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QUICK TAKE: Woods ‘Loving Life’ As Latest Comeback Dawns

Tiger Woods during the 2017 Presidents Cup at Liberty National Golf Club (Photo credit: Scott Halleran/PGA TOUR)

With one image, Tiger Woods explained the difference in where he’s been and where he is now as he readies for his return to competitive golf Thursday in the Bahamas at the Hero World Challenge.

“The neatest thing is to get out of bed and grab a club and not use it as a crutch. Now I can make a swing. You have no idea how exciting that is,” Woods said during a 30-minute press conference Tuesday at Albany.

This is not unfamiliar territory for Woods, 41. He has spent the better part of the past decade dealing with injuries, surgeries and the related physical challenges that have threatened to put a premature end to his remarkable career.

One year ago, Woods co-led the field in birdies at the Hero World Challenge, stoking the anticipation that he finally was ready to return to the PGA Tour in full form. It didn’t happen.

A year later, Woods has undergone spinal fusion surgery and been through an arrest for driving under the influence that led to treatment for a painkiller addiction.

This comeback seems different, both on a personal and a professional level.

“I’ve come out the other side. I feel fantastic,” Woods said when asked about his issues with painkillers that led him to seek professional help.

“A lot of friends have helped me. I didn’t realize how bad my back was. Now I’m feeling the way I’m feeling and it’s hard to imagine I was living the way I was living. My foot not working, my leg not working, the hours of not being able to sleep at all because of the pain.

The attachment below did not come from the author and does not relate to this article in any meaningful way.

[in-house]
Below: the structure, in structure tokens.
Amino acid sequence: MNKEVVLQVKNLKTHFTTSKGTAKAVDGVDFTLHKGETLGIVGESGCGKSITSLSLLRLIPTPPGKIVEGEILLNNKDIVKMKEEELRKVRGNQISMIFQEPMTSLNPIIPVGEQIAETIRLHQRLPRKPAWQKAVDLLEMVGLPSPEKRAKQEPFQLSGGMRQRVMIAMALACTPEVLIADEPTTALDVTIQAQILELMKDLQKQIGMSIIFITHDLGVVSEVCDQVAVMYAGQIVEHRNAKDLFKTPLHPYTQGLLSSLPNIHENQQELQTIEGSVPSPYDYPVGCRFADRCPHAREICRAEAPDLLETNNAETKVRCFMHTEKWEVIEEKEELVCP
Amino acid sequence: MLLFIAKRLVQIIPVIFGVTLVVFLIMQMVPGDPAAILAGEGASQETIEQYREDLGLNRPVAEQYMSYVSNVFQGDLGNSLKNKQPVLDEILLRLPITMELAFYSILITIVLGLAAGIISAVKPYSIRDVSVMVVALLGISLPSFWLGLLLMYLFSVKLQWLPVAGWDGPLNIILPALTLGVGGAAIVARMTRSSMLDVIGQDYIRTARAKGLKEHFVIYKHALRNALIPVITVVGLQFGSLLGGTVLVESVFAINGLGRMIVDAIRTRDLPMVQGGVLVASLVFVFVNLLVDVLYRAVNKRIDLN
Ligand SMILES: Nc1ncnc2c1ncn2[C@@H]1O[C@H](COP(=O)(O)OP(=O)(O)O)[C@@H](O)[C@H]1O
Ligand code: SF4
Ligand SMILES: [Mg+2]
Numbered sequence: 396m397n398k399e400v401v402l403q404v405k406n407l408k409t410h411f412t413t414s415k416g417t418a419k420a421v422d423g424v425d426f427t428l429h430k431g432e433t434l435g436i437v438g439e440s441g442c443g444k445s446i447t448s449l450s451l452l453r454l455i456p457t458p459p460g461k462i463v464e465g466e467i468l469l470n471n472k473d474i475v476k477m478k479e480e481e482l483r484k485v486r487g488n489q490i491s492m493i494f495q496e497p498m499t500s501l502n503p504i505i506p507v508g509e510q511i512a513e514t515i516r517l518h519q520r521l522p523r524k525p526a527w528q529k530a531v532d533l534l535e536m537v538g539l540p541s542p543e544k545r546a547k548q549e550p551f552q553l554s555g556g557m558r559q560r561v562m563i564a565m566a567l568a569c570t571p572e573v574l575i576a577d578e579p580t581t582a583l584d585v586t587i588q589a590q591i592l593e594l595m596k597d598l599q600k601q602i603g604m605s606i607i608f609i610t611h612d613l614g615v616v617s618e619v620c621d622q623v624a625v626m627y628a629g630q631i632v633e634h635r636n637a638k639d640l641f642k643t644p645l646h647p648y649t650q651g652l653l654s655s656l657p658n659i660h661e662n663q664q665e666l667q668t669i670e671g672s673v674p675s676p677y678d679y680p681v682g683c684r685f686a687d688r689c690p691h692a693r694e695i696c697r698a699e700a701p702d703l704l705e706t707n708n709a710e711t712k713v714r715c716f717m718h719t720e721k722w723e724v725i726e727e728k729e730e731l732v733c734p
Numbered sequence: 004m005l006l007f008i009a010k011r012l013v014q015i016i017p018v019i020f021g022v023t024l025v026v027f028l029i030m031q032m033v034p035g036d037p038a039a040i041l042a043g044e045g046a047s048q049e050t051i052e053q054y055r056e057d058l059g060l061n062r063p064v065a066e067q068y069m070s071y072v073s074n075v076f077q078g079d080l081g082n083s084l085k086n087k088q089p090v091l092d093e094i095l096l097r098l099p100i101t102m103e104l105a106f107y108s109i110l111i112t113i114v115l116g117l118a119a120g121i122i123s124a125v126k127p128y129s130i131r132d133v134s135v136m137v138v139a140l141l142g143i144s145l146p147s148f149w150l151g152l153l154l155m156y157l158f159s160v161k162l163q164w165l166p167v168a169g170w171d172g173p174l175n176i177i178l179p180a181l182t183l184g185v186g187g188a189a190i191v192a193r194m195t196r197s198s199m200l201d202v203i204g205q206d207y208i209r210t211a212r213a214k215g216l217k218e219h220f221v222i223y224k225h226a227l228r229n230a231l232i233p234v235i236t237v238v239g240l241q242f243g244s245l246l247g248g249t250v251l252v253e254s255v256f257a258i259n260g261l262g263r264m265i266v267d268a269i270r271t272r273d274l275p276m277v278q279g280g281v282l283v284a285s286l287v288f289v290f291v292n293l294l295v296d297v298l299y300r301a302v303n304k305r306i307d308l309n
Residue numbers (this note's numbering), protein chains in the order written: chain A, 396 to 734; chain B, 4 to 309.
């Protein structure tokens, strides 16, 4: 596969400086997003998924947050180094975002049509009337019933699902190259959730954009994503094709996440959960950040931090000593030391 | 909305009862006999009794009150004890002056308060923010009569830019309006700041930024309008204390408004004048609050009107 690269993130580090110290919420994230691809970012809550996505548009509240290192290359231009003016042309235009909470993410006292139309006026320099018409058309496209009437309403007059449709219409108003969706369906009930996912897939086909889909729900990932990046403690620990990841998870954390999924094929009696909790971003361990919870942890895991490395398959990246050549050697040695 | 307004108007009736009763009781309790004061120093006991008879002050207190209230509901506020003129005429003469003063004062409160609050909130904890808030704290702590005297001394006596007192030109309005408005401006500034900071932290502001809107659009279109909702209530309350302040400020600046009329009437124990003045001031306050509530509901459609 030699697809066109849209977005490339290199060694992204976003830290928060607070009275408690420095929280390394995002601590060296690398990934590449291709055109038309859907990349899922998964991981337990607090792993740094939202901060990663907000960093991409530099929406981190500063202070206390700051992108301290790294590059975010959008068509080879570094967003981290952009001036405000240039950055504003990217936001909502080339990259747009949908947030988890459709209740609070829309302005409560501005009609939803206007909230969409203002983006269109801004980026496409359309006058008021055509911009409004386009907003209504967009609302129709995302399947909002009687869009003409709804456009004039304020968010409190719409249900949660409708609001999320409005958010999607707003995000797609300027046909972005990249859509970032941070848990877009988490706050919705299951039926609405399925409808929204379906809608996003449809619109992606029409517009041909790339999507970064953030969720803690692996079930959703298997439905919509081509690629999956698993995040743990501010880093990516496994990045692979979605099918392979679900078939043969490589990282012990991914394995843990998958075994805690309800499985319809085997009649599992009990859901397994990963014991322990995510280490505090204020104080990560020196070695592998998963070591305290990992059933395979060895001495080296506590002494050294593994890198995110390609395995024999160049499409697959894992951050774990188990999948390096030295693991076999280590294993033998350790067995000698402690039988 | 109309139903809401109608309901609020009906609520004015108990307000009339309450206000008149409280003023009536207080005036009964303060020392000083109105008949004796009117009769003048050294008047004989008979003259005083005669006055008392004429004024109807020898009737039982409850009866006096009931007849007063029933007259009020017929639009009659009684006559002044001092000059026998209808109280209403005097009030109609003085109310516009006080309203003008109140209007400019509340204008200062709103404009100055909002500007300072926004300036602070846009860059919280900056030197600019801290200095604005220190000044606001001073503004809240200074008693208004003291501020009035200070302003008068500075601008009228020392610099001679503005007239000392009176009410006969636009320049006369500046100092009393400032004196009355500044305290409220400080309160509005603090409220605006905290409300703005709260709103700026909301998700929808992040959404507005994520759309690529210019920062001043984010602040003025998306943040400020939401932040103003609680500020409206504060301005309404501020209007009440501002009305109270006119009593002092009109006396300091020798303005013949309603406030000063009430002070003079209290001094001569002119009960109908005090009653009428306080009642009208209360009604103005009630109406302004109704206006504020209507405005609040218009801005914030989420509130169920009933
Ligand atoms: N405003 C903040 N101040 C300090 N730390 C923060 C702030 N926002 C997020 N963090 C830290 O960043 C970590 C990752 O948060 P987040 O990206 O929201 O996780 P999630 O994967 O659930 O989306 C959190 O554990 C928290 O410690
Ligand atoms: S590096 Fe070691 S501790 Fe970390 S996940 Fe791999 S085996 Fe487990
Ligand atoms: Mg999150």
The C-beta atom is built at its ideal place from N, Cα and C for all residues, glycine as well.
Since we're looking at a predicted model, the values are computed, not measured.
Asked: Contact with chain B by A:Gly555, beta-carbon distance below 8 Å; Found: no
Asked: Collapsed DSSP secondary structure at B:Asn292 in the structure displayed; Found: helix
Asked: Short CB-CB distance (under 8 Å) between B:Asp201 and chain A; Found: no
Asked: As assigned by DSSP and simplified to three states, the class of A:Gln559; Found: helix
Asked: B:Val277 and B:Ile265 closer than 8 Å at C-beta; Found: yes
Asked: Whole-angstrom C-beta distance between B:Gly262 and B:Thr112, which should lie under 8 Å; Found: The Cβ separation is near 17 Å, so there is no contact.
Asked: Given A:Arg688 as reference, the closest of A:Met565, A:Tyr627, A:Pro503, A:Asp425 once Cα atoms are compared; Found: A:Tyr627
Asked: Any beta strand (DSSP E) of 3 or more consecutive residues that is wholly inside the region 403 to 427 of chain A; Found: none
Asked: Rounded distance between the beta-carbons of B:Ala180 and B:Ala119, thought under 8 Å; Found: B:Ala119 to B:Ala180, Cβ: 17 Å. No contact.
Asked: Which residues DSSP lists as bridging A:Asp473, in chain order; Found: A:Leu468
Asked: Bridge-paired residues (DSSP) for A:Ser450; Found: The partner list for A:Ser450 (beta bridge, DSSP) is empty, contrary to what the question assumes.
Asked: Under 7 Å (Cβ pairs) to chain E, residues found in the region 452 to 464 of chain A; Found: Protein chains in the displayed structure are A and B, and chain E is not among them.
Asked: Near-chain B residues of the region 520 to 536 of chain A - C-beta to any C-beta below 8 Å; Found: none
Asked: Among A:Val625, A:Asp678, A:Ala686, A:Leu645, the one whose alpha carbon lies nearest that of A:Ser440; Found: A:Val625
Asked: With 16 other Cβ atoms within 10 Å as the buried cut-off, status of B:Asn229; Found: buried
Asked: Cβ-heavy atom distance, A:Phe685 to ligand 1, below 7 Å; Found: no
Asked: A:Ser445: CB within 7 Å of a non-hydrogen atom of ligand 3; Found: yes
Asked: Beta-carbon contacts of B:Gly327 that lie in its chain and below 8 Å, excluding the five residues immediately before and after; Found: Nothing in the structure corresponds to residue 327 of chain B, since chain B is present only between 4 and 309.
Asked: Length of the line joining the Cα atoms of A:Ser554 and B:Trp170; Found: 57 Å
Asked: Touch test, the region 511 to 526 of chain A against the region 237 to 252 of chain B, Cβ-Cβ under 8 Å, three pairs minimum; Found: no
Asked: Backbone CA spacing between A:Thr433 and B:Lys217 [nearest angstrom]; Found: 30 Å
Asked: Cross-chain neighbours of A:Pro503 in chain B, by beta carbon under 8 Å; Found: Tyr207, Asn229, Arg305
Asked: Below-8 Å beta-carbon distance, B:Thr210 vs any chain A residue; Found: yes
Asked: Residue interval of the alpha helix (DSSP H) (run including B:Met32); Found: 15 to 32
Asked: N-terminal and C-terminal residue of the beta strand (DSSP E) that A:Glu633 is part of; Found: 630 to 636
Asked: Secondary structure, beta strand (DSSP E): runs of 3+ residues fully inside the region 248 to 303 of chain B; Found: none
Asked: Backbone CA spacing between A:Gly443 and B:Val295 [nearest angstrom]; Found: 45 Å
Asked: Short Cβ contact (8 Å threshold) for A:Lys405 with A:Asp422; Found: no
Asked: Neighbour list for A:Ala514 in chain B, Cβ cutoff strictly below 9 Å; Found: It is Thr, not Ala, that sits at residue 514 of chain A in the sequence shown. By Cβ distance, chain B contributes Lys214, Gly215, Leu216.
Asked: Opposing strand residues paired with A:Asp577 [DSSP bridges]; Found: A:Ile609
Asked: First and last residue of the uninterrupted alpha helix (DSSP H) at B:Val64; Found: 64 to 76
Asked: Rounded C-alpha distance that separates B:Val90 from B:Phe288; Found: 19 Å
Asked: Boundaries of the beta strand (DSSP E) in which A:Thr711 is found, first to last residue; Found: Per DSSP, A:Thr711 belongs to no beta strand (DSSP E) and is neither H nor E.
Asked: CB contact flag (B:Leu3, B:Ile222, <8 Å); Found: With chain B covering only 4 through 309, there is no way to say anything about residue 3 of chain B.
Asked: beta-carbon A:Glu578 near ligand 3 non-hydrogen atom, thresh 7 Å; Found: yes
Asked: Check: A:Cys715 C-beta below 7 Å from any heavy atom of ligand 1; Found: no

“I was trying to go away from the pain. I was trying to sleep, which I hadn’t done in a very long time. As my back improved, I’ve been able to start sleeping again because I don’t have the nerve pain going down my leg. I’m loving life now.”

The question is where Woods is as a golfer.

He’s interested in finding out as well.

He was cleared to hit shots again approximately one month ago and admits there are still big swings he’s been reluctant to take. He says he has no more back pain, just some residual stiffness. He doesn’t yet know fully what his body will allow him to do on the golf course.

“I’m winging this,” Woods said. “Let me play this event and see what I can and can’t do.”

Woods likened his back surgery to having hip replacement. One day there’s excruciating pain. The next day it’s gone, theoretically for good. He can take what happens this week and build on it, unlike last year when his plans to play a full schedule fizzled in February.

“This is very different. Last year I was still struggling a little bit with pain. I was able to hit some good shots, able to play,” Woods said.

“Looking back, I looked like it was playing in slo-mo. That was as hard as I could hit it. I didn’t realize how bad my back had become. It has been a slow degrading process. I thought it was playing halfway decent. Shot some good scores. Now I look back on it and I didn’t have much at all.”

In casual games at home with friends – Woods said he’s played with Rickie Fowler, Rory McIlroy, Dustin Johnson and Daniel Berger among others – he has been encouraged by how he’s played.

He wants his two children to see him play at or near his best now that they can appreciate it. Woods also wants the younger generation of Tour players to see in person what most of them only saw on television as youngsters.

“In an ideal world I would like them feel what some of the past guys had to feel,” Woods said.


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